Welcome to this issue of touchREVIEWS in Endocrinology, our bi-annual journal that aims to provide a wide range of articles addressing the most important developments in endocrinology.
The increasing prevalence of type 2 diabetes (T2D) worldwide remains the focus of several articles. Complications include diabetic kidney disease, which is a major cause of chronic kidney disease (CKD). In a review article, D’Marco et al. discuss the pathophysiological processes underlying CKD and the therapies targeting these processes, with a focus on finerenone, a nonsteroidal mineralocorticoid receptor antagonist. The high morbidity and mortality associated with T2D emphasizes the need for novel therapeutic approaches, which is reflected in our next two reviews. Doupis, Baris and Avramidis describe the mechanism of action, preclinical and clinical evidence in support of imeglimin, an investigational first-in-class oral agent that appears promising in the treatment of patients with T2D. In an alternative approach, Chatzis et al. consider the success of the use of new antidiabetic drugs on cardiovascular outcomes in patients with T2D, and suggest a paradigm shift from glucose-centric to cardiorenal-metabolic treatment approaches.
Despite advances in diagnosing and treating gestational diabetes mellitus, controversies persist. Zera and Seely review these controversies, with the aim of enabling clinicians to make patient-centred decisions.
Next, our attention shifts to a less-recognised disease class: long-chain fatty-acid oxidation disorders. Baker and Burton provide a comprehensive overview of these disorders, their differential diagnoses and advances in their treatment and management.
Non-alcoholic steatohepatitis (NASH) is becoming a growing global healthcare concern, yet many patients remain undiagnosed. Schwartz, Lucas and DeLegge review the pathophysiology, comorbidities, screening and treatment of NASH, stressing the importance of incorporating its identification into routine clinical practice.
Obesity, another increasing healthcare burden, is the subject of our next review. Williams et al. appraise the growing body of clinical evidence supporting the use of glucagon-like peptide-1 receptor analogues in the treatment of people with obesity, and highlight the need for a cost-effective approach to obesity pharmacotherapy.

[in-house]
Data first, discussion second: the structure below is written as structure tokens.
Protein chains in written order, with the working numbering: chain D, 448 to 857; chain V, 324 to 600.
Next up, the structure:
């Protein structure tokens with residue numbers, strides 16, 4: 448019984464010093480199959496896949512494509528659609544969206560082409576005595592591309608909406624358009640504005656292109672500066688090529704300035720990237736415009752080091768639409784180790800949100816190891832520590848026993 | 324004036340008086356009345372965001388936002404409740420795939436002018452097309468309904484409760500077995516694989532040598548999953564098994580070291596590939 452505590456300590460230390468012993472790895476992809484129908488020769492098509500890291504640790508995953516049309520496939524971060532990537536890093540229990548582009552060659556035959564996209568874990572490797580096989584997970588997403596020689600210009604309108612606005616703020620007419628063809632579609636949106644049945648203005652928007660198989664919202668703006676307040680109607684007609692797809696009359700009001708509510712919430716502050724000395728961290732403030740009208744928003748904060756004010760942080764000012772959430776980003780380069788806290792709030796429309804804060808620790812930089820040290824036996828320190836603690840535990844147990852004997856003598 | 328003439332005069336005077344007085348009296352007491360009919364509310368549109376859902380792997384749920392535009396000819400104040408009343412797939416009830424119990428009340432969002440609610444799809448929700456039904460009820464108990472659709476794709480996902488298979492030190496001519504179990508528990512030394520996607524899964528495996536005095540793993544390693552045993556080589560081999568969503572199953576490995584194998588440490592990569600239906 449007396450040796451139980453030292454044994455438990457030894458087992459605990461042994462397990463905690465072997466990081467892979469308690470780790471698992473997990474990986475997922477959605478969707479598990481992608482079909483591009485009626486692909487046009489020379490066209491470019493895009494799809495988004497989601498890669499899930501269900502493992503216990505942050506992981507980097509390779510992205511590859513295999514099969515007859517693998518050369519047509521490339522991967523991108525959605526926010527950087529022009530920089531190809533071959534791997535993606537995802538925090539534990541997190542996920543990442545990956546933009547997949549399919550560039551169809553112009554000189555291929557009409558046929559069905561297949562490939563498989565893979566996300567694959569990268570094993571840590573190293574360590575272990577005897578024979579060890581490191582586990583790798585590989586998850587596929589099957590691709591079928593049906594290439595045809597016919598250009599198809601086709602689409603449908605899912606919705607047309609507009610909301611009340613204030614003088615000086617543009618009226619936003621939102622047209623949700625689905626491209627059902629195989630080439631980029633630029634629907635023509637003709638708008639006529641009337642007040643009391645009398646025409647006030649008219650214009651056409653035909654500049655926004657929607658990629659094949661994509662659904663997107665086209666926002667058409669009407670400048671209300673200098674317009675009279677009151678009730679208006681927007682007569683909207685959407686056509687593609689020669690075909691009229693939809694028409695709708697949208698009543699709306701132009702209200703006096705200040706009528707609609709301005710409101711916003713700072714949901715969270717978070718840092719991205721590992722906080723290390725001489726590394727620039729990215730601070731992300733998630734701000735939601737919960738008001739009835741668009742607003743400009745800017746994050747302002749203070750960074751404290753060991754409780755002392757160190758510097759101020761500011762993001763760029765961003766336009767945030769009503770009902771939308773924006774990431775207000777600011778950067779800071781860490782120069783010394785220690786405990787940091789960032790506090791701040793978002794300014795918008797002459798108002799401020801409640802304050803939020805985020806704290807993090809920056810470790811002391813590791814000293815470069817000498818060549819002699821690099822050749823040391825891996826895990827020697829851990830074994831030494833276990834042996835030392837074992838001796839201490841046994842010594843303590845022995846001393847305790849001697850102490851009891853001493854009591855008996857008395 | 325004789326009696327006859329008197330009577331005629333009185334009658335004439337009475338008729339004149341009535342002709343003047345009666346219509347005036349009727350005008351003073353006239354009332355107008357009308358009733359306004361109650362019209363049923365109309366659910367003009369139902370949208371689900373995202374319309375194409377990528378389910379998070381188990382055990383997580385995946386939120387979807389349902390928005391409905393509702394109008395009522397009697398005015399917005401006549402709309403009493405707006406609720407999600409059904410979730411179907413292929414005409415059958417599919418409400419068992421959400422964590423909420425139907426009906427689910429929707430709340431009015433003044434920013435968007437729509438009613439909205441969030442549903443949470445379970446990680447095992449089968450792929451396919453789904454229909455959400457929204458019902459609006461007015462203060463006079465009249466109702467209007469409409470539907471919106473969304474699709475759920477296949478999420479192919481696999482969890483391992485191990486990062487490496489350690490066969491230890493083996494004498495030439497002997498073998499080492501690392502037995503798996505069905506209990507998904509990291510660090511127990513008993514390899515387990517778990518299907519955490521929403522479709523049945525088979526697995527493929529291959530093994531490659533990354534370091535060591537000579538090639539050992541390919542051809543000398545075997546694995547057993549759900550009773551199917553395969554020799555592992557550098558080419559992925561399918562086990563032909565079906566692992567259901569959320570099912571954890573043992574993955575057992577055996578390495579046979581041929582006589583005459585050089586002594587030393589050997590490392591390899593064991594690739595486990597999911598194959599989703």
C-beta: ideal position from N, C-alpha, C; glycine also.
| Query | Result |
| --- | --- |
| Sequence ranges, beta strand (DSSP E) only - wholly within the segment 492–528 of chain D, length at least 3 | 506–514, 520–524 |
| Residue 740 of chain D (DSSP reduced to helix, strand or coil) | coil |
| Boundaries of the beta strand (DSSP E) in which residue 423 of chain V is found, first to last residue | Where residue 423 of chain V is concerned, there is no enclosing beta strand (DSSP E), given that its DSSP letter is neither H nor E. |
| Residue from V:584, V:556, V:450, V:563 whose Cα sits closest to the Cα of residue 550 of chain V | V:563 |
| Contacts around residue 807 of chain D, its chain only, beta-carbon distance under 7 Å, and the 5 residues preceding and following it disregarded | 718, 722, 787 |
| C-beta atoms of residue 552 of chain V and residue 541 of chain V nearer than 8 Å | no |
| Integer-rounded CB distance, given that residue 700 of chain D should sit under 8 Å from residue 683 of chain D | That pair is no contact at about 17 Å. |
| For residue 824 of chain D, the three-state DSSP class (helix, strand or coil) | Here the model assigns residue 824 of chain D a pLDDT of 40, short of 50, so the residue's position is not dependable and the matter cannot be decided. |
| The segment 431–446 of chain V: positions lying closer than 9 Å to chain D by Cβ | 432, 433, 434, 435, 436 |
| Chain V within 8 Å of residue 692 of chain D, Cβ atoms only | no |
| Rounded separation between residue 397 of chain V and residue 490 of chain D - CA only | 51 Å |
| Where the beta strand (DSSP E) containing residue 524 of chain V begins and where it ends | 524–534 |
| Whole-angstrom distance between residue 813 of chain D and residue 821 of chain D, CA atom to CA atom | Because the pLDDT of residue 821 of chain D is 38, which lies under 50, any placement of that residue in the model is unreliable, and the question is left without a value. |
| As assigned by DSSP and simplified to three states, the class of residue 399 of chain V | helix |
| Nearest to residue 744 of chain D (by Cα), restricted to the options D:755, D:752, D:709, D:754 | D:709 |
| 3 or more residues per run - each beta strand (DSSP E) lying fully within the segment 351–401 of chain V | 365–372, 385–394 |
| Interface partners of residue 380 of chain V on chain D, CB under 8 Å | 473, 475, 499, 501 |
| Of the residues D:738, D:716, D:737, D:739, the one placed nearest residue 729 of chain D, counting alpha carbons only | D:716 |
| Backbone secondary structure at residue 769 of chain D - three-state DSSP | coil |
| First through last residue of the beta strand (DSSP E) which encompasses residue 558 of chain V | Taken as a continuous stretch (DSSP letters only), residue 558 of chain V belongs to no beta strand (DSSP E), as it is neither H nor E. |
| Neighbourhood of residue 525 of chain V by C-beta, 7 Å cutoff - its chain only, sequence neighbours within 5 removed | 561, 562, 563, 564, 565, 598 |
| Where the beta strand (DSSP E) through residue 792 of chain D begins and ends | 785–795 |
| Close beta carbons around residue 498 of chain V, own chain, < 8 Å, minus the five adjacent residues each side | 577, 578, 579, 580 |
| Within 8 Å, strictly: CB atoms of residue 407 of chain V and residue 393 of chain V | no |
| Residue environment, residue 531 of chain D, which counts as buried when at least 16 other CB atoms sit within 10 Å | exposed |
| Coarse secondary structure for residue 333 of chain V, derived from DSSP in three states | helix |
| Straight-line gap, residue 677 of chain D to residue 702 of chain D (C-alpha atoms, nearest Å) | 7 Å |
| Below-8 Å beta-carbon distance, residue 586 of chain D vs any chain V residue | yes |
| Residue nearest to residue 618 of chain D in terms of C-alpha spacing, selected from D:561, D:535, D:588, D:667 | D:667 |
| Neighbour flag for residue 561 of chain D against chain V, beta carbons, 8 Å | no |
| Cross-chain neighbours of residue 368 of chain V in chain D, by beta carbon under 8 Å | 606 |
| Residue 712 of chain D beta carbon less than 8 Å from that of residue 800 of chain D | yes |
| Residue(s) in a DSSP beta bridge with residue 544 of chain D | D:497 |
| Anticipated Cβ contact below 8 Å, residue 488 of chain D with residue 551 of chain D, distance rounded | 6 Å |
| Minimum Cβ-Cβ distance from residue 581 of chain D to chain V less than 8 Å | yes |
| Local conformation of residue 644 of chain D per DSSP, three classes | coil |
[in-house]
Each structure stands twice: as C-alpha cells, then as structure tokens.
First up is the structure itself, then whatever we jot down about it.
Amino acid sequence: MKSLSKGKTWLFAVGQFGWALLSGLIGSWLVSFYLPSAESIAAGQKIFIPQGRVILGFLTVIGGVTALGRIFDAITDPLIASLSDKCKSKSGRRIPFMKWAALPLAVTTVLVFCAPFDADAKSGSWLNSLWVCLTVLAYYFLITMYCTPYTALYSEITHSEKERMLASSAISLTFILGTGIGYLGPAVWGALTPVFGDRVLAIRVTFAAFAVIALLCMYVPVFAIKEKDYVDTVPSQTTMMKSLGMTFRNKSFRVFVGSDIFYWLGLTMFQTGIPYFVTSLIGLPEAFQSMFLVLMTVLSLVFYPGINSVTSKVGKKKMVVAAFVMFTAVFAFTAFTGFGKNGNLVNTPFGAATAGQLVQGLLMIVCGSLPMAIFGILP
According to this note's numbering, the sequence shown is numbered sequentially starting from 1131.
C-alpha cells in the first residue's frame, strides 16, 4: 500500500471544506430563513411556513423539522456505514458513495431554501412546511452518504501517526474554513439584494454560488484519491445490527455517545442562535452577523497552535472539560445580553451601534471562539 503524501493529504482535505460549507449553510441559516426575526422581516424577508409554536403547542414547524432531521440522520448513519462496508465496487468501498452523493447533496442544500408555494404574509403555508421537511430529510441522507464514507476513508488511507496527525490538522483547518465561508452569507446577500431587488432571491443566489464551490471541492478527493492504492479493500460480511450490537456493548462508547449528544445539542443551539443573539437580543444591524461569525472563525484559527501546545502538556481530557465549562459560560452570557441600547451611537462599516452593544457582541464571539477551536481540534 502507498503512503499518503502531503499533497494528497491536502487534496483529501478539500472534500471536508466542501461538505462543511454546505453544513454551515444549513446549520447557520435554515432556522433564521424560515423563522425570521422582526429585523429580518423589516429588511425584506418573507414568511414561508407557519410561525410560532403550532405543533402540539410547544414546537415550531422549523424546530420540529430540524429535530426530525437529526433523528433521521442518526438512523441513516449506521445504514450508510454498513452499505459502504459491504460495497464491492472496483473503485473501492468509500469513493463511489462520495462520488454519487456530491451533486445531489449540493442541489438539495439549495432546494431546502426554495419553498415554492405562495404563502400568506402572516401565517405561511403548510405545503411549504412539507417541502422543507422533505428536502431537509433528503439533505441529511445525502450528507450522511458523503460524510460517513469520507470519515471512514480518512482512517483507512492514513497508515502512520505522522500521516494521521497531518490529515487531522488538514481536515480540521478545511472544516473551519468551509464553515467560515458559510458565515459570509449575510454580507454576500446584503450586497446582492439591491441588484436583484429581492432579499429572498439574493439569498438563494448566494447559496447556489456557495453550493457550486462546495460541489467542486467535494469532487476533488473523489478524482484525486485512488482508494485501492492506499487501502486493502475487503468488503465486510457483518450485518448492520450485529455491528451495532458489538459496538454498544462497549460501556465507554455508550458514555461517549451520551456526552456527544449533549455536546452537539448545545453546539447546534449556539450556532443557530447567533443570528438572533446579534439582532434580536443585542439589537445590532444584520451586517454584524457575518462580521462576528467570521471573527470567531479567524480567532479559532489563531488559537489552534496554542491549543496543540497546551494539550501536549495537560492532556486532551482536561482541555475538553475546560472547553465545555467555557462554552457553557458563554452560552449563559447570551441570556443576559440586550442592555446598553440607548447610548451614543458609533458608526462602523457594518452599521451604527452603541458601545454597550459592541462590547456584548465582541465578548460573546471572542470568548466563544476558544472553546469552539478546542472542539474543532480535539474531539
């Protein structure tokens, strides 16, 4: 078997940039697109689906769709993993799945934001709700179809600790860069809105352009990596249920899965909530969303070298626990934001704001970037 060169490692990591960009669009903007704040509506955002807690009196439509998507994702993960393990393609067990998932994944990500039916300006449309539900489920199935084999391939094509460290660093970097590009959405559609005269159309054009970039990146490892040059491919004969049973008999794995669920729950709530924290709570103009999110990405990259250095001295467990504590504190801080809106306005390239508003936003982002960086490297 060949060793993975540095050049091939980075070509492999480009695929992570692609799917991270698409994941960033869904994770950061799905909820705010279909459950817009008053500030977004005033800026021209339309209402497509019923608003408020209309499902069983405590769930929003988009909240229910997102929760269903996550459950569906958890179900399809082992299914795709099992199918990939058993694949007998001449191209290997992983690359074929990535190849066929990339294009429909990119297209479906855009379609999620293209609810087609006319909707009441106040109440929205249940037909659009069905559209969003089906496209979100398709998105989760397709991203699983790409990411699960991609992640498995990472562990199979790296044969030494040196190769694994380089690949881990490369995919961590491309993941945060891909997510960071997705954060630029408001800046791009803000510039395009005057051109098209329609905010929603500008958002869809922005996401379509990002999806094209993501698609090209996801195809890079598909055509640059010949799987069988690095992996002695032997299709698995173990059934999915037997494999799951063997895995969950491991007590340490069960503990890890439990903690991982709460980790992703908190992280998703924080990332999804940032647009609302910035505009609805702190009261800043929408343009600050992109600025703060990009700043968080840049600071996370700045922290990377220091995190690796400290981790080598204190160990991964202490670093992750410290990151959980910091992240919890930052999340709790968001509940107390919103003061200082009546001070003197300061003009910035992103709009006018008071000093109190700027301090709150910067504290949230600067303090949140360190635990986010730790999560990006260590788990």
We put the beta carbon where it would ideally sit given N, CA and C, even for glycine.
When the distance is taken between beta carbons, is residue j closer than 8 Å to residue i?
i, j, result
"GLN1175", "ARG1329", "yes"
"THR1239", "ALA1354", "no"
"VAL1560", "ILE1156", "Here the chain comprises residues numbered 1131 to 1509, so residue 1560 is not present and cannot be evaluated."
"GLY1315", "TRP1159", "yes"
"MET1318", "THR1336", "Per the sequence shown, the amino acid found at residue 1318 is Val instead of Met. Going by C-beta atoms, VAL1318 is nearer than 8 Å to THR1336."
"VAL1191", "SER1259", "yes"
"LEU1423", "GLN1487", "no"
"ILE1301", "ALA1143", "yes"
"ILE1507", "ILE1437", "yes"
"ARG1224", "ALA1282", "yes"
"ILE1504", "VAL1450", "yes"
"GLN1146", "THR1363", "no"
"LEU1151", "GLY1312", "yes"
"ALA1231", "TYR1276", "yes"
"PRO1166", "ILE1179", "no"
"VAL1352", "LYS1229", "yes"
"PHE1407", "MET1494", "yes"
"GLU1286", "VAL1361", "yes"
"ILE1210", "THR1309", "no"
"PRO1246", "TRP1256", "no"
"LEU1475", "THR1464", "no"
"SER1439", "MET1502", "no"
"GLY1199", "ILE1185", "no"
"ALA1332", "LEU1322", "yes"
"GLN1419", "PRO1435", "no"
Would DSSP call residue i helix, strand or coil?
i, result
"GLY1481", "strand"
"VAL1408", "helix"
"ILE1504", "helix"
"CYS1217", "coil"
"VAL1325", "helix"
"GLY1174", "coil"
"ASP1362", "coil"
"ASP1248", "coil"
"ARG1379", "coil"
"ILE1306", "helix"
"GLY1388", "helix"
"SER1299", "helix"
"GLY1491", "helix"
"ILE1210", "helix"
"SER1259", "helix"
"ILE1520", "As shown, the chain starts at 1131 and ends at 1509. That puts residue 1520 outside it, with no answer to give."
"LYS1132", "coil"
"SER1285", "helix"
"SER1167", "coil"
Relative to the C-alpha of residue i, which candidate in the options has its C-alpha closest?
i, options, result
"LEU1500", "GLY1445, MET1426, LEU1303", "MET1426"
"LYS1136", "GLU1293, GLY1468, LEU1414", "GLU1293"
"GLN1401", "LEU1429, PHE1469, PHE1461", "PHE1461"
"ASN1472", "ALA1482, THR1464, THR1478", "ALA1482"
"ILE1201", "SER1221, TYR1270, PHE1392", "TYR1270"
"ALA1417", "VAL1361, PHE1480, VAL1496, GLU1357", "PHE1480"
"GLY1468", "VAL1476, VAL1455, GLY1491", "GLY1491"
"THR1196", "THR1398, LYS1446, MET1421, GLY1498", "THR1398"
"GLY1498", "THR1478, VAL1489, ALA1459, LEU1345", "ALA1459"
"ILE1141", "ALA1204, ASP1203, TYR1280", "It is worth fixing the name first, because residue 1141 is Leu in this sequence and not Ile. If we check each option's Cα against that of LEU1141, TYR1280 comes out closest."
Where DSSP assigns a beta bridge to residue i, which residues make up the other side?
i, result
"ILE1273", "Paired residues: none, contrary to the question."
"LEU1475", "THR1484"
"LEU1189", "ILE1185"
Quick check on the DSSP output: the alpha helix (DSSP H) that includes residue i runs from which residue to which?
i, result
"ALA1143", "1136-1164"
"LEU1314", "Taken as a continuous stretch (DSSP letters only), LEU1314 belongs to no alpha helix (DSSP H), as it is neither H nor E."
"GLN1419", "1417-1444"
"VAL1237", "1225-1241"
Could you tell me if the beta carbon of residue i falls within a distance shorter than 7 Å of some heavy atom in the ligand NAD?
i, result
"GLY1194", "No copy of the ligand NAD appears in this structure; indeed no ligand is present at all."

Craniopharyngiomas are rare benign neoplasms traditionally treated by surgery and radiotherapy, which are associated with serious complications. Alexandraki and Xekouki discuss recent advances in molecular-targeted therapies, which could potentially transform the management of patients with craniopharyngiomas.
Vasomotor symptoms, including hot flushes and night sweats, affect three-quarters of menopausal women, but hormonal treatments are not suitable for all. Sahni, Lobo-Romero and Smith review non-hormonal pharmacologic therapies for the treatment of menopausal symptoms.
Finally, we present a rare case of congenital adrenal hyperplasia due to an enzymatic defect of CYP17A1, early recognition of which is essential for optimal outcomes.
touchREVIEWS in Endocrinology wishes to thank all expert authors who contributed to these insightful articles. We are grateful to all organizations and media partners for their ongoing support, as well as our editorial board for their continued involvement and advice. Please also look at our website, www.touchendocrinology.com/, which features a host of expert content. We hope that you will find this edition of touchREVIEWS in Endocrinology useful and enjoyable.
Dr John Doupis is director of the Diabetes Division of Iatriko Palaiou Falirou Medical Center, and the Internal Medicine and Diabetes Department of the NS Naval Hospital, Athens, Greece. He is a former clinical research fellow of the Joslin Diabetes Center, Harvard Medical School, Boston, MA, USA, and scientific partner of the Joslin–Beth Israel Deaconess Foot Center, also at Harvard Medical School in Boston. He has served as a principal investigator in many multicentre phase I, II, III and IV clinical trials, most of which have been published in international journals or presented at congresses. He is a registered reviewer and a member of the editorial board for many major diabetes medical journals. He has given numerous lectures in national and international congresses, presenting over 200 abstracts. His special areas of interest are diabetes and its complications, diabetic foot, diabetes-related smart technology including mobile apps and telemedicine, and obesity.